There is nothing worse that putting a whole lot of effort into collecting PRO data only to find out that the data you have is well, no good. We’ve identified the five mistakes that occur most often when collecting patient outcomes, and what you can do to fix it.
Here are the top 5 most common mistakes we see in patient-reported outcomes programs.
Keeping only the overall survey score
The mistake: The patient fills out the survey, you score the survey, you write down and store the overall score, and throw away the survey. Don’t throw away the survey! You need to keep not just the score, but the patient’s response to each individual question; otherwise you risk having a large set of data that is completely worthless from a research standpoint. Even if you don’t think that you want to do research, there is nothing worse that changing your mind and then realizing you can’t do anything with the data you worked so hard to collect.
The remedy: Each patient outcome survey tool has some sort of scoring system, most of which have multiple categories in addition to the overall score. Usually there are only one or two parts of the score that you really care about and want to see. Here’s what you do: Record the scores that you want to see in some format that works for you and your practice, then take the actual survey and store it somewhere safe. That way, if you ever need the individual answers, you’ll have them available.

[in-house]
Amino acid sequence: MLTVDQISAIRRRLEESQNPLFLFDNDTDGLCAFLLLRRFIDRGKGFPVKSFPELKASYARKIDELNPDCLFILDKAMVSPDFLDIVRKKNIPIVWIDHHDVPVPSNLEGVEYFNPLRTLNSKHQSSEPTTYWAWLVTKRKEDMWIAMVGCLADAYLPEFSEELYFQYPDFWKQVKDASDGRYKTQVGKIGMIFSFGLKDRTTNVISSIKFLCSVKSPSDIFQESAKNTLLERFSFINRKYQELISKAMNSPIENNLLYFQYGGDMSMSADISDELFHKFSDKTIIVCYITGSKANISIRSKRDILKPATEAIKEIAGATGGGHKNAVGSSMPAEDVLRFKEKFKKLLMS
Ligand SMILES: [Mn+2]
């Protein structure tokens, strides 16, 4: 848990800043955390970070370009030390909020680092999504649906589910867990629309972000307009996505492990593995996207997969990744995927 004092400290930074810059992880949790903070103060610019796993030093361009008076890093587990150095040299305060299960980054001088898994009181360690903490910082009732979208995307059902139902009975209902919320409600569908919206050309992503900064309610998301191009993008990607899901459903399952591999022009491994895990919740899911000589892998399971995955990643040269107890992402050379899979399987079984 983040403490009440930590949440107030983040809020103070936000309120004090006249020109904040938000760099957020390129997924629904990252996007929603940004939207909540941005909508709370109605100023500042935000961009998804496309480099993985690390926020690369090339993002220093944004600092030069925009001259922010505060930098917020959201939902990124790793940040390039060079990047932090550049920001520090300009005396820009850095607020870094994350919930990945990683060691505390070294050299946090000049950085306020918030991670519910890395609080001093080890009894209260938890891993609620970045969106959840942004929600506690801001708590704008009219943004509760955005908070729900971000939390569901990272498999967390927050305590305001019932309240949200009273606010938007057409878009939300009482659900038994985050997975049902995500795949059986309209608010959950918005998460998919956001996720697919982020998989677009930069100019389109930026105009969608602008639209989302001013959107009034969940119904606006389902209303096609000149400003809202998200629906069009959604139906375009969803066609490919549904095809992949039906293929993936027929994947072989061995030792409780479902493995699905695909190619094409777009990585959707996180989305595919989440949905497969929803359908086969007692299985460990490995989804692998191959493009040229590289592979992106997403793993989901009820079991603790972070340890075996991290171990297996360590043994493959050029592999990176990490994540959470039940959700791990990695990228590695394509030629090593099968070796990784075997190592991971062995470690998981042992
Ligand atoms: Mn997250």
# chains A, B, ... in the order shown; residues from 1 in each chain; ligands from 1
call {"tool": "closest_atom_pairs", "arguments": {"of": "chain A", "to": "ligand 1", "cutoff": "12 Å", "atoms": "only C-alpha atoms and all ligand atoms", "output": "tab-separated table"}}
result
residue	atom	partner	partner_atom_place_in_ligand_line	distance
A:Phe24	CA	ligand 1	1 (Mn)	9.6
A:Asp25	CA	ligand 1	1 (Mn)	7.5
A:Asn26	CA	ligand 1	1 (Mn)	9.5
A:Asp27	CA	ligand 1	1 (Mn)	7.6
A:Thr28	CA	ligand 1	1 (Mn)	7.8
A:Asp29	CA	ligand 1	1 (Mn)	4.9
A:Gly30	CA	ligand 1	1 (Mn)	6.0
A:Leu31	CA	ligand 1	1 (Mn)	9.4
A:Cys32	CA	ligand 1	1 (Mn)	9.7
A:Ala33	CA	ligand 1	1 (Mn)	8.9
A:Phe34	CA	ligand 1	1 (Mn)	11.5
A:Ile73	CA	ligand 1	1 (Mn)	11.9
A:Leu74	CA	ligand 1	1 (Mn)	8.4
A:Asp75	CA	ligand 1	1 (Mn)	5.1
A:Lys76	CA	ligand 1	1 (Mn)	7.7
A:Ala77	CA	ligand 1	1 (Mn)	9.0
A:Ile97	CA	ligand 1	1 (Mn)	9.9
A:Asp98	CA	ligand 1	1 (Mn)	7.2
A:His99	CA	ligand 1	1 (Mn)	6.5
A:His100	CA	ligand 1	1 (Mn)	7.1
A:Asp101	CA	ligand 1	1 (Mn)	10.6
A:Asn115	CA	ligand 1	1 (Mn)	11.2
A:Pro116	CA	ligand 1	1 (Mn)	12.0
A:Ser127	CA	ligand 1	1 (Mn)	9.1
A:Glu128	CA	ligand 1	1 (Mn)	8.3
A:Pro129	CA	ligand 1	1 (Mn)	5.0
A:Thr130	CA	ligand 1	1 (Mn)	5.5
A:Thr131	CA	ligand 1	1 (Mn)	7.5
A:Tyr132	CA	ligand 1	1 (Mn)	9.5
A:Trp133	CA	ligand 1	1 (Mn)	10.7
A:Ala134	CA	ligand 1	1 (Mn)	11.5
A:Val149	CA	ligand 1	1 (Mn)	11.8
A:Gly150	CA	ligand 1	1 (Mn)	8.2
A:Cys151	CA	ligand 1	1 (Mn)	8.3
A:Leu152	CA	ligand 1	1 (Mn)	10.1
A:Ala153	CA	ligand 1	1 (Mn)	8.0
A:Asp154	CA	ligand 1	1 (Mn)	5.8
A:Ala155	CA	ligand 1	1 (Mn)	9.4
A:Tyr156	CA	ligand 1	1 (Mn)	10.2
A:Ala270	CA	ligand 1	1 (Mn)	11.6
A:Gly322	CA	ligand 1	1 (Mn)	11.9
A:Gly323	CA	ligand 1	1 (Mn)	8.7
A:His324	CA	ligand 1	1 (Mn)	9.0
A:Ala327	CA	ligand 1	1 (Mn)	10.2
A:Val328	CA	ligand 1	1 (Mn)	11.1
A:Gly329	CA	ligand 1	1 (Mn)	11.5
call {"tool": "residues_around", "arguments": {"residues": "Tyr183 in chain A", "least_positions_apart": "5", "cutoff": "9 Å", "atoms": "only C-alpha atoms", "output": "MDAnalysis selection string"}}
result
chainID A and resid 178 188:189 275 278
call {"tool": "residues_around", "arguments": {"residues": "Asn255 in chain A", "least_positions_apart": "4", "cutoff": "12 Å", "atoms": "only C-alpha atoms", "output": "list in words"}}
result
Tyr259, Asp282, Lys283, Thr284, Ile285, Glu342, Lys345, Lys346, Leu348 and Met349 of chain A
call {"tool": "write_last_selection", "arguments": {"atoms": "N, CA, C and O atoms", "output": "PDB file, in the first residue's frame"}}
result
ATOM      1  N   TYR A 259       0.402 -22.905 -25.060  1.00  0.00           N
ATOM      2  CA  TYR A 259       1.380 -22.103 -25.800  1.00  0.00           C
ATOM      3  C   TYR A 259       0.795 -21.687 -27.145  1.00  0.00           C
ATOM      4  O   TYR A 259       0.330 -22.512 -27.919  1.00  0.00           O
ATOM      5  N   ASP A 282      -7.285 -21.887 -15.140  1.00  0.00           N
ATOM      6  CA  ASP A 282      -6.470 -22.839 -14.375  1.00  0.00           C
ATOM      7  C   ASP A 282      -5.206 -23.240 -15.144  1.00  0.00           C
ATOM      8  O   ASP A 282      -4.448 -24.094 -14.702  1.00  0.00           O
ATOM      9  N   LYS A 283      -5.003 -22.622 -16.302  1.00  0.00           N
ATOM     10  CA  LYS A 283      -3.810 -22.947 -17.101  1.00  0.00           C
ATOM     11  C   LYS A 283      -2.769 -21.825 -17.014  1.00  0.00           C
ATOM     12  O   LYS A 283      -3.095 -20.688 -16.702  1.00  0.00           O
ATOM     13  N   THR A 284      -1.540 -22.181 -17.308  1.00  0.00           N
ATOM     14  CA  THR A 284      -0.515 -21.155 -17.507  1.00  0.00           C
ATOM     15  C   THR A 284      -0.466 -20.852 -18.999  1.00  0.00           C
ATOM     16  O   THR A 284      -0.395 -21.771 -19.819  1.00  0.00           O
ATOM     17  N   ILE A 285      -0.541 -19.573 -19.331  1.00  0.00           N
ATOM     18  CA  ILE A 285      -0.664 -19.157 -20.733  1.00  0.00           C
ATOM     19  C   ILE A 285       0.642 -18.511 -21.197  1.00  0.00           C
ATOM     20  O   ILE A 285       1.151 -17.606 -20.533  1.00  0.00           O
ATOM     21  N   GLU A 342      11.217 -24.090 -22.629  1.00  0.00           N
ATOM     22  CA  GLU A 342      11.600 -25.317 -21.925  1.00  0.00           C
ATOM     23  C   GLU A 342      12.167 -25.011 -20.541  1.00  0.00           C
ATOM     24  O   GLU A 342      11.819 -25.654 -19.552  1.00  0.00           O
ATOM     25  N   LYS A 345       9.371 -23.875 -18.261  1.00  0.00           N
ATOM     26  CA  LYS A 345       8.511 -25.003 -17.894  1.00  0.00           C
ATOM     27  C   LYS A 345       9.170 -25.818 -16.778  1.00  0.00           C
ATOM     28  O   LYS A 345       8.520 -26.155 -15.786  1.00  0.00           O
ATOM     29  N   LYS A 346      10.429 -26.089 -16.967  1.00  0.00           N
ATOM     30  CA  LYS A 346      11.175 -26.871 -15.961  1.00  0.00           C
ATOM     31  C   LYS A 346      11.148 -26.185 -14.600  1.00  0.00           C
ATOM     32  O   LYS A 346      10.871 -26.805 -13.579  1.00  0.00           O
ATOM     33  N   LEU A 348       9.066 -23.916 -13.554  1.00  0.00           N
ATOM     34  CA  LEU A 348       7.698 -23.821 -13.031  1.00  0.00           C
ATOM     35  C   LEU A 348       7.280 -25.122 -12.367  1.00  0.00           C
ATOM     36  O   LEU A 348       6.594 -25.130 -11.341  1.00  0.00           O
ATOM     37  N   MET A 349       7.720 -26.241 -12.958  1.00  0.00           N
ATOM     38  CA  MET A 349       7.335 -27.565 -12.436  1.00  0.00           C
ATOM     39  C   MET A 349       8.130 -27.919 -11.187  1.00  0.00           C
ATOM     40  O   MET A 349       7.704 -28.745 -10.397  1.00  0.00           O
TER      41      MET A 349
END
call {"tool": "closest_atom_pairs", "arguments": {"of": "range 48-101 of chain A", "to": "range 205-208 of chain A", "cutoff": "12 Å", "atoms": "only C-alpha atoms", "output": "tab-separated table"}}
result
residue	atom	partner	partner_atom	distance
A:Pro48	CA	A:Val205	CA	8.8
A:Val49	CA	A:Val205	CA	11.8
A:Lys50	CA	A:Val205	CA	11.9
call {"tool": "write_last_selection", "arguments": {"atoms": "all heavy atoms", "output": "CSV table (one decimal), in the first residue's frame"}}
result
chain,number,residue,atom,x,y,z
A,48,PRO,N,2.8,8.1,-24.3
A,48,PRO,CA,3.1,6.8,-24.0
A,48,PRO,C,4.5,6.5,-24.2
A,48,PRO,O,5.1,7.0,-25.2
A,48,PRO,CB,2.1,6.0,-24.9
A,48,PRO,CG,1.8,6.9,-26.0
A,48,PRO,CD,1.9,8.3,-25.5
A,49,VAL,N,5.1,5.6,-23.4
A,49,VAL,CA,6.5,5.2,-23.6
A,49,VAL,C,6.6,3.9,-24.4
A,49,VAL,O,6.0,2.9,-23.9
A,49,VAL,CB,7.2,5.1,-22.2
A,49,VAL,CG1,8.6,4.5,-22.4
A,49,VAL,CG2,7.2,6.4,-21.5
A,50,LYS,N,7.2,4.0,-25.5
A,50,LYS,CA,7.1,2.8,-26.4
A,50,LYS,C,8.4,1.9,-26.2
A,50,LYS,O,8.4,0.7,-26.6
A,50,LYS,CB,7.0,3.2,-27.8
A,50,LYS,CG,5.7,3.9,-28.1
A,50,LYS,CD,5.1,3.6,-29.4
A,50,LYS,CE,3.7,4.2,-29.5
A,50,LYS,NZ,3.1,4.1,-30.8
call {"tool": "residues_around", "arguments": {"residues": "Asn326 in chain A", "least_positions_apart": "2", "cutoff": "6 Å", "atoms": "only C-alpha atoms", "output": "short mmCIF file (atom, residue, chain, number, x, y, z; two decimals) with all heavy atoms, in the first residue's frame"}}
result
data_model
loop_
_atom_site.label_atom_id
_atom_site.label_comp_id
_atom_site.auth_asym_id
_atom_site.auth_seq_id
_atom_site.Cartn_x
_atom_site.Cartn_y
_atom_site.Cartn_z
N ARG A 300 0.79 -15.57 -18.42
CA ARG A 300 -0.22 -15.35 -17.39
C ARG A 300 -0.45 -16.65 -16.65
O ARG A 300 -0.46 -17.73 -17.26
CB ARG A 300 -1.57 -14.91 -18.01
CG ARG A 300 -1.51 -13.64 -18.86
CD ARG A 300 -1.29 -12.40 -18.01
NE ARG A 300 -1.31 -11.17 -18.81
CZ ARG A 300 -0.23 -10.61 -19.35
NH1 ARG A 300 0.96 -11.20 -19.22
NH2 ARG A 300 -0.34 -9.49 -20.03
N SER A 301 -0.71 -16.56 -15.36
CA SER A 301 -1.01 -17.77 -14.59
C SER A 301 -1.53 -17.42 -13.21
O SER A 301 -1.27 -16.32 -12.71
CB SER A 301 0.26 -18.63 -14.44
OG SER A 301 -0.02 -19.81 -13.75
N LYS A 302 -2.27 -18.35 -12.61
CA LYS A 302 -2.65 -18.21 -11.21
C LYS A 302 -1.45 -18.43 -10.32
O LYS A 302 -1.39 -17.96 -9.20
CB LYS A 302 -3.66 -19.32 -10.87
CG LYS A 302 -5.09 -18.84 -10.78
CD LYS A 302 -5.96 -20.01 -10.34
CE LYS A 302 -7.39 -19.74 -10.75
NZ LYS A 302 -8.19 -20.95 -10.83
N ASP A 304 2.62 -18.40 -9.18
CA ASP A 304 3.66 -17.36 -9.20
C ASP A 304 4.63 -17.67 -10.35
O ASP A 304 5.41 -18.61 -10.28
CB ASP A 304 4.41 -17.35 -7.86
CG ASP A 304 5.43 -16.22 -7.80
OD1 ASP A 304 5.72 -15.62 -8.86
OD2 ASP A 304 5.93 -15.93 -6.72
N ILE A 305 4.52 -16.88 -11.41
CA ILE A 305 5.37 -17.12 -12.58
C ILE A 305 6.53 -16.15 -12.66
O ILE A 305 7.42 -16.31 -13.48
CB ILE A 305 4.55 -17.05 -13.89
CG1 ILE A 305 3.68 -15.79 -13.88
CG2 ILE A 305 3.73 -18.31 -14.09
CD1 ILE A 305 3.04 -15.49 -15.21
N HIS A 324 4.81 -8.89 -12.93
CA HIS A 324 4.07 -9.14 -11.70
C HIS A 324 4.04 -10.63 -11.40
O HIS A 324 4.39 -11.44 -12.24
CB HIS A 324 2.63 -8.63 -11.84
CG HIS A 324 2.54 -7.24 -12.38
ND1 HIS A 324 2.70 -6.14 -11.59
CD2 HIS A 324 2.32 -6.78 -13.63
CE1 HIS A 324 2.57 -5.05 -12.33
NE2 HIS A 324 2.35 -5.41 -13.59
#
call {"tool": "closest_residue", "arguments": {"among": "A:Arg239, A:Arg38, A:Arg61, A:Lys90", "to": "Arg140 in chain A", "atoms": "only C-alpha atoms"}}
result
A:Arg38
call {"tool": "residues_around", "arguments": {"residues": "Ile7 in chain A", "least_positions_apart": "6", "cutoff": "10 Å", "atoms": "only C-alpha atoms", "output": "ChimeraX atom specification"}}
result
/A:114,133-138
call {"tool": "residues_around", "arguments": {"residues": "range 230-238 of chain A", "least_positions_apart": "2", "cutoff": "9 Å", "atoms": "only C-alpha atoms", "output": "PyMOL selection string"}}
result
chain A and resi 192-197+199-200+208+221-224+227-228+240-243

Selecting more than one answer
The mistake: A patient fills out the survey on a paper form, and rather than choosing the one answer that best describes their situation, they select three. Then the patient writes a narrative on the side to explain that it is “hard to choose just one because it fluctuates throughout the day and I just took pain medicine 30 minutes ago so now it’s not really bad but oh boy this morning it was just terrible.” Sadly surveys like this are deemed invalid and must be thrown away.
The remedy: Make it very clear to the patients that they can choose one answer and one answer only. Often, both a verbal and a written explanation are necessary. Also, put a comments section at the end of the form so that patients have an outlet for their comments or explanations, if they so desire. The best possible solution for this is, in fact, to use an electronic system that only allows patients to select one answer.
Asking too much
The mistake: There are so many things that would be interesting to hear about from your patients, which leads to a tendency to tack on a bunch of additional questions to the actual patient reported outcome (PRO) tool. Even though the questions may be interesting, it is highly unlikely that they will be provide much value — especially from a research standpoint, because your additional questions are not validated.
Also, keep in mind that there is a fine line between how much we want, and how much patients are willing to give. Remember that you need your patients to fill out these surveys at multiple intervals, and you don’t want them to get survey fatigue, which is more likely to happen when the surveys are super long.